Morgan’s beautifully written domestic drama Beside Myself unfolds from the point of view of Ellie/Smudge, who used to be Helen until her father’s “Unfortunate Decision”
and a childhood prank--swapping identities with her twin sister--destroyed any sort of happy life that Smudge might have had. Happiness can only be set right by the truth. But who exactly knows the whole truth? Certainly Ellie’s sister knows, but she refuses to tell their mother that the swap was all just a game. At first Helen pleads for Ellie to stop. She hopes that eventually her real “Helenness” will shine through and that Mother will have no choice but to know that it is her: “It‘s just Ellie, you know how she’s always making things up and saying she isn’t her.”
At its heart, Morgan’s novel is about the most basic of human relations: a daughter desperate to make herself known, first to her family and then to her schoolmates, who reject her because she is strange and often violent. While her sister flourishes in the arms of family and friends, eventually becoming a popular television personality, Ellie turns away, the sureties of her life crumbling around her. Smudge, meanwhile, sits alone in her Walworth flat, dependent on government assistance, plagued by voices that snicker and torment her in her head. She’s trying desperately to keep her footing on a groundwork of shifting facts as an unstable and treacherous past somehow connects her to the present.
Then Smudge gets a call from her mother about Helen. Something has happened--there’s been an accident, and Helen is in a coma. Her stepfather, Horace, is beside himself and her brother, Richard, is on compassionate leave. With darkness nearly upon her and “stifling, choking stars prickling to the edge of her vision,” anxiety bursts in on her. For the first time, Smudge sees the version staring up at her from the front page of the newspaper: the hotshot Helen Sallis and the deadly car crash that almost claimed her life. With Helen’s husband, Nick, a perpetual dark shape behind her frosted glass front door, Smudge begins to realize that perhaps there’s been a purpose to all of her suffering. It’s been a month now, and there’s still no change. Nothing seems to make any difference. Nick pleads with Ellie that perhaps she could come and talk to her sister. Yet Smudge has convinced herself that they all hate her: Mother, Horace and Helen: “they all hate me for what I did. For what they think.” And Smudge can hardly confide in her deep dark secret of the game, the monster man carrying boxes and the smell of eaten Feast Lolly, as well as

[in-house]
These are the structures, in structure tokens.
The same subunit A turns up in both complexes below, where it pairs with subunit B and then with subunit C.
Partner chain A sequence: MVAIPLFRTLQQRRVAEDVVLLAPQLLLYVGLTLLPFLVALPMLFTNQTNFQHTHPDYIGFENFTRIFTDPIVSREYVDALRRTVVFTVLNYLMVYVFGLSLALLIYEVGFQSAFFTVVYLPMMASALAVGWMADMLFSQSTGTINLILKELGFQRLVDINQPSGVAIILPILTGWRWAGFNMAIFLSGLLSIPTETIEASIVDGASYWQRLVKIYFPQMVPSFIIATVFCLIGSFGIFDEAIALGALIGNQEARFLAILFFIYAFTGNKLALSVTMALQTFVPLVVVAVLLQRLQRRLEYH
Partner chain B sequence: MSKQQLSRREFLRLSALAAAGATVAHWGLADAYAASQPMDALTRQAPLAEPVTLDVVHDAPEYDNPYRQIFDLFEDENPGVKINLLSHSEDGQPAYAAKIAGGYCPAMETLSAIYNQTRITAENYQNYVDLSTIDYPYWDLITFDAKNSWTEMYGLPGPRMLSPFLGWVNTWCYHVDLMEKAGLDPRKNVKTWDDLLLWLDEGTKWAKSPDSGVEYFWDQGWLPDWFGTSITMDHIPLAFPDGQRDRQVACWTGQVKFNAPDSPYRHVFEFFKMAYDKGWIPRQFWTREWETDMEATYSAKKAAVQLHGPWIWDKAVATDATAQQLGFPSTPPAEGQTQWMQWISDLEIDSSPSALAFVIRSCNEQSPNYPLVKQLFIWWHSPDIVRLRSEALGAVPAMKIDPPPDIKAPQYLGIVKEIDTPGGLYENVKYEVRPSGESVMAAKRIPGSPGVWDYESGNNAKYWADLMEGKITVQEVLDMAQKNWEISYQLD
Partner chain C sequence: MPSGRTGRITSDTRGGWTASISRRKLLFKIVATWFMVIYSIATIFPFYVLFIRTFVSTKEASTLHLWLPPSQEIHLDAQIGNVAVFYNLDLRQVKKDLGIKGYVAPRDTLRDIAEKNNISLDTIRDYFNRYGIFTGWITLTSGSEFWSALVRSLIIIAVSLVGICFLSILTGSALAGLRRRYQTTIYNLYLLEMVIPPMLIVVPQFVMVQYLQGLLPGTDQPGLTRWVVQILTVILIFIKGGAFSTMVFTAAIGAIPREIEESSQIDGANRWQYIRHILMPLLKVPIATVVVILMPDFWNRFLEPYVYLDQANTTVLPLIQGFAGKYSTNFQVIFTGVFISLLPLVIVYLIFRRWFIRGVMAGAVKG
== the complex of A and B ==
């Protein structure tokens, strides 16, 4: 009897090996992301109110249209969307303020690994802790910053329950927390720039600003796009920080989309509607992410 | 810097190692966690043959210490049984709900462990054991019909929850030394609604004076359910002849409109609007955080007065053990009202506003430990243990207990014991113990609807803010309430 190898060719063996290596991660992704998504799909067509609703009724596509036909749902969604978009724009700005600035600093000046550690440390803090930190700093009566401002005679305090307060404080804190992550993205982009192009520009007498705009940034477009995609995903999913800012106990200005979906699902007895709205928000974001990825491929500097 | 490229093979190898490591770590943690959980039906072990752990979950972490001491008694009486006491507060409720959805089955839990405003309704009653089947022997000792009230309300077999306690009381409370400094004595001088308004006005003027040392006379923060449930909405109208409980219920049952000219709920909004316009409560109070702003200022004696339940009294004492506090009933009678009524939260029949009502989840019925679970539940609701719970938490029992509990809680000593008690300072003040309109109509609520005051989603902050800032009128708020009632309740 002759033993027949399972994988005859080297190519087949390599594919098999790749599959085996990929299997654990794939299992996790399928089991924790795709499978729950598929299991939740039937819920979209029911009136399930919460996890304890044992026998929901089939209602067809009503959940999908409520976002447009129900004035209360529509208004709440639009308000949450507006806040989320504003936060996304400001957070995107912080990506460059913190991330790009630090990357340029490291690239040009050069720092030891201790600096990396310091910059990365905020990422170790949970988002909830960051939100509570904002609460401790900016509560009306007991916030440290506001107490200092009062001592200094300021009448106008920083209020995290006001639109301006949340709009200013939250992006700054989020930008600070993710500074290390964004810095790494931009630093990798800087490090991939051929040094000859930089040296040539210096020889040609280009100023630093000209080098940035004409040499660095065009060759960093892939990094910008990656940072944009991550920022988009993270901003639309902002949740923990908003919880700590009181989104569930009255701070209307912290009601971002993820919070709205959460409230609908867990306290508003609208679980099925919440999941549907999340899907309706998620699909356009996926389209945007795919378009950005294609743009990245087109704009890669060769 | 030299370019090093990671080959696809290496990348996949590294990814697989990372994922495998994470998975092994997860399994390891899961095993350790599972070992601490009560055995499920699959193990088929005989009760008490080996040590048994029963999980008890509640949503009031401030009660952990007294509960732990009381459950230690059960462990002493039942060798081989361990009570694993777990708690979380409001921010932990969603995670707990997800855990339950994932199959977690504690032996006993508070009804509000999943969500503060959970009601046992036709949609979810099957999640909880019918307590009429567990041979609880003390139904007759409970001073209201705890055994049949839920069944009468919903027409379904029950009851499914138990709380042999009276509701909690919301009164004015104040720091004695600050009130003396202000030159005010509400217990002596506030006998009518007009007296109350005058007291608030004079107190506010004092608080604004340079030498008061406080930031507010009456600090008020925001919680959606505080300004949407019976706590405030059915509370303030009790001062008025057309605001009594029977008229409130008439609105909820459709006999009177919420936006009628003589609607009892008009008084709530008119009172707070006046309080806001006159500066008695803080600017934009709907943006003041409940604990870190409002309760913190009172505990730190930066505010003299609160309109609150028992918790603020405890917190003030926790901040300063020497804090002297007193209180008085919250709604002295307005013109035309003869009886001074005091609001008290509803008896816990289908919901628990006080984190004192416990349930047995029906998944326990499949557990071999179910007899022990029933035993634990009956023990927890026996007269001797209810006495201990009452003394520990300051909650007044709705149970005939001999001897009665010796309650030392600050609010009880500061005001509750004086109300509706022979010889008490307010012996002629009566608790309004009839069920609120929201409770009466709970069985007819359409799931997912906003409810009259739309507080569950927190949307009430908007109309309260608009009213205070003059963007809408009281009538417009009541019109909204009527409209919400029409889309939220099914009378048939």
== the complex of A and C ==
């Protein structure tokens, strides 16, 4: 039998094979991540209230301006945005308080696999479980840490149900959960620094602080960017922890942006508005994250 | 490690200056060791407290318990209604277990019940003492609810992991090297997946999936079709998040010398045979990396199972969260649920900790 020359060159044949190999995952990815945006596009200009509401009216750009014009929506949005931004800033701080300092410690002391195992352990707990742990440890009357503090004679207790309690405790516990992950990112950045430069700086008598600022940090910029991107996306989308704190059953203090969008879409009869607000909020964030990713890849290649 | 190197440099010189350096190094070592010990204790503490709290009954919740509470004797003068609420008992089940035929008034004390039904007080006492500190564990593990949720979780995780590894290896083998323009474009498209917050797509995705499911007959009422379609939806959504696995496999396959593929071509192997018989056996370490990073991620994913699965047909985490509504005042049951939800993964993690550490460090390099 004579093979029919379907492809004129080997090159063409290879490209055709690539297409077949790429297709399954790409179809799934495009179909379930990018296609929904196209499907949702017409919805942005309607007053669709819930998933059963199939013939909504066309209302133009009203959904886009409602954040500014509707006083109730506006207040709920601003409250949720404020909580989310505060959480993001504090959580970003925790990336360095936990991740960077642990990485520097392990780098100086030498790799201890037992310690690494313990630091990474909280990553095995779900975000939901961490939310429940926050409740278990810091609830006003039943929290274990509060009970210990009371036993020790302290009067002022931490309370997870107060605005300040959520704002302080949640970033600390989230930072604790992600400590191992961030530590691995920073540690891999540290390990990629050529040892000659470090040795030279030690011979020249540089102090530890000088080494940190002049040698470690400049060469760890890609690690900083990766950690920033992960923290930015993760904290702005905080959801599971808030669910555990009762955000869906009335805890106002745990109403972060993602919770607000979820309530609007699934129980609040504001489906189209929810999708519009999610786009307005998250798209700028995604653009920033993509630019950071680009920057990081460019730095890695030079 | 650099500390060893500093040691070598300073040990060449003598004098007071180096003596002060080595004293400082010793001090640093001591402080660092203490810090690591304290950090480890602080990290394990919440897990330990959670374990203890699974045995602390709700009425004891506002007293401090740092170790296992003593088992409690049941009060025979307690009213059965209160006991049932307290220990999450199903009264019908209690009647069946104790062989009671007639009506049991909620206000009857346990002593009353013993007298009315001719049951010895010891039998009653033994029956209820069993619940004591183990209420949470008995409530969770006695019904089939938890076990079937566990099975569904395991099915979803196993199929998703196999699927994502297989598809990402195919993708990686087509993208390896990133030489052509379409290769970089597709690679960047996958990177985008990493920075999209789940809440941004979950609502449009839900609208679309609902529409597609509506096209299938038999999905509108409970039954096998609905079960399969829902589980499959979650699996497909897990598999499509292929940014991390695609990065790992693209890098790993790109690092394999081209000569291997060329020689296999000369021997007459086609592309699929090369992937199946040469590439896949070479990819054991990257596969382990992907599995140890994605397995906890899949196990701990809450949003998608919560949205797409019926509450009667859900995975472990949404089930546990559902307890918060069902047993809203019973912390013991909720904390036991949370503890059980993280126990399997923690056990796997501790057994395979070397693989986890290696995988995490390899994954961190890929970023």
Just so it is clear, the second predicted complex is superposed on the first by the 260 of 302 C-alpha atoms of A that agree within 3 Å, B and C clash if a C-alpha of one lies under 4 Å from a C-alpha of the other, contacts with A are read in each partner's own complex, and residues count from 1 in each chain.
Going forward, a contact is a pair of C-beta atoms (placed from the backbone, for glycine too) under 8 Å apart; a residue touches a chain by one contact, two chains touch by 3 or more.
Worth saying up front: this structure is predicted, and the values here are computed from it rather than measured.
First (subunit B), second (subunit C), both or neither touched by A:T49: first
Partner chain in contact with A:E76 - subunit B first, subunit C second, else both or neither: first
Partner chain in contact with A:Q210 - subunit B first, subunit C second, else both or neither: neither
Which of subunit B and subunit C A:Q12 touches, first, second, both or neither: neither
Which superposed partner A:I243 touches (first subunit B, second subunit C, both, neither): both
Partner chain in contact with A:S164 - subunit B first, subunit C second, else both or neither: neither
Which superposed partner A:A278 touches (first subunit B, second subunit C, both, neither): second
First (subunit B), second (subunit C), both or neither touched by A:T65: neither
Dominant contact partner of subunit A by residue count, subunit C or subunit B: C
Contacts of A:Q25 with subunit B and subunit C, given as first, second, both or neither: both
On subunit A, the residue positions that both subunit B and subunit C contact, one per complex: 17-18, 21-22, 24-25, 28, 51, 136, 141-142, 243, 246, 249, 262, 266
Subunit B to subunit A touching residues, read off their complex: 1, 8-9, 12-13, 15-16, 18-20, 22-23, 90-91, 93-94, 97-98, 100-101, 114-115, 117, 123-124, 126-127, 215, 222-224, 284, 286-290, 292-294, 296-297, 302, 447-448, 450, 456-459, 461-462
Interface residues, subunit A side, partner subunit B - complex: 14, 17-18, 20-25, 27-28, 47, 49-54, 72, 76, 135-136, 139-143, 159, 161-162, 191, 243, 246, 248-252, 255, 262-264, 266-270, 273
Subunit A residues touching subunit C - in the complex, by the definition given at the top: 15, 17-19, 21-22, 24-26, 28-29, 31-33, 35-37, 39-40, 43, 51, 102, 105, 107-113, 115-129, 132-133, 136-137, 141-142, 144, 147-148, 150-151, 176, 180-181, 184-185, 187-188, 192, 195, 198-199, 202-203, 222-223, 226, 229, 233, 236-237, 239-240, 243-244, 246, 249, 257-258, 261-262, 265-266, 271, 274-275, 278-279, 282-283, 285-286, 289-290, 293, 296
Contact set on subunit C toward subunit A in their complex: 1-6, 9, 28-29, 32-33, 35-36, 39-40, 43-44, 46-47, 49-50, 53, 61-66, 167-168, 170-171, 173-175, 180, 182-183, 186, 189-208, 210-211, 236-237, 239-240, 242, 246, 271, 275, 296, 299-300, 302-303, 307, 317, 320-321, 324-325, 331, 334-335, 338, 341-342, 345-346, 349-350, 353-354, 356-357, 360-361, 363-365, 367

the look in Mother’s eyes when Helen/Ellie begs and pleads and the world tips and sways “like the magic carpet ride.”
Ellie’s childhood--the slow rumbling of teenage violence and its cycle of abuse and punishment--is woven into her later life as she desperately tries to remake herself as a graphic artist in Manchester and later in Amsterdam. But Smudge can never quite escape “the sharp, jagged thing” inside herself. She remembers the excitement that first came from still being stuck as Ellie. At first she hoped the mistake was going to be discovered and that finally the teachers would clap a big hand on Ellie’s shoulder: “I remember the lane and the game and tricking Chloe. Where it all went wrong and turned into an awful nightmare.” Soon, however, all the fun is turning into anger and into a lifetime of wanting to hurt her sister and her mother, all the people she should have been able to trust.
Morgan unfolds a startling account of a damaged woman. The writing is atmospheric and bleak, fully reflecting the dysfunction that looms over every aspect of this story. This is not an uplifting read, but it
is certainly suspenseful and exquisitely structured. Like the monster in Mary Shelly’s
Frankenstein, Smudge is in such a paralyzing state of denial, so broken and so vulnerable that she is
in danger of coming completely undone. From the social services, who attempt to stop her benefit, to the police and the bailiffs who come to evict her for not paying her rent, the world seems to be constantly drawing Smudge/Ellie back to the chaos and darkness once again.
For all its hopelessness, Morgan's novel is surprisingly sensitive in exposing Smudge’s vulnerabilities. Even the drama attached to her struggles--a suddenly empty bank account, no job, a filthy apartment, and a mother who refuses to acknowledge her or the swap--are subtly calibrated to allow us to feel and sympathize for her. As emotions blur and crash, wash in and out, the Doppelgangers are finally brought face to face with devastating results. For all that Smudge has done, and for all the hurt she
has endured, we don't want her to break as she gradually brings herself to this moment in time in a new attempt to shape and refine her being.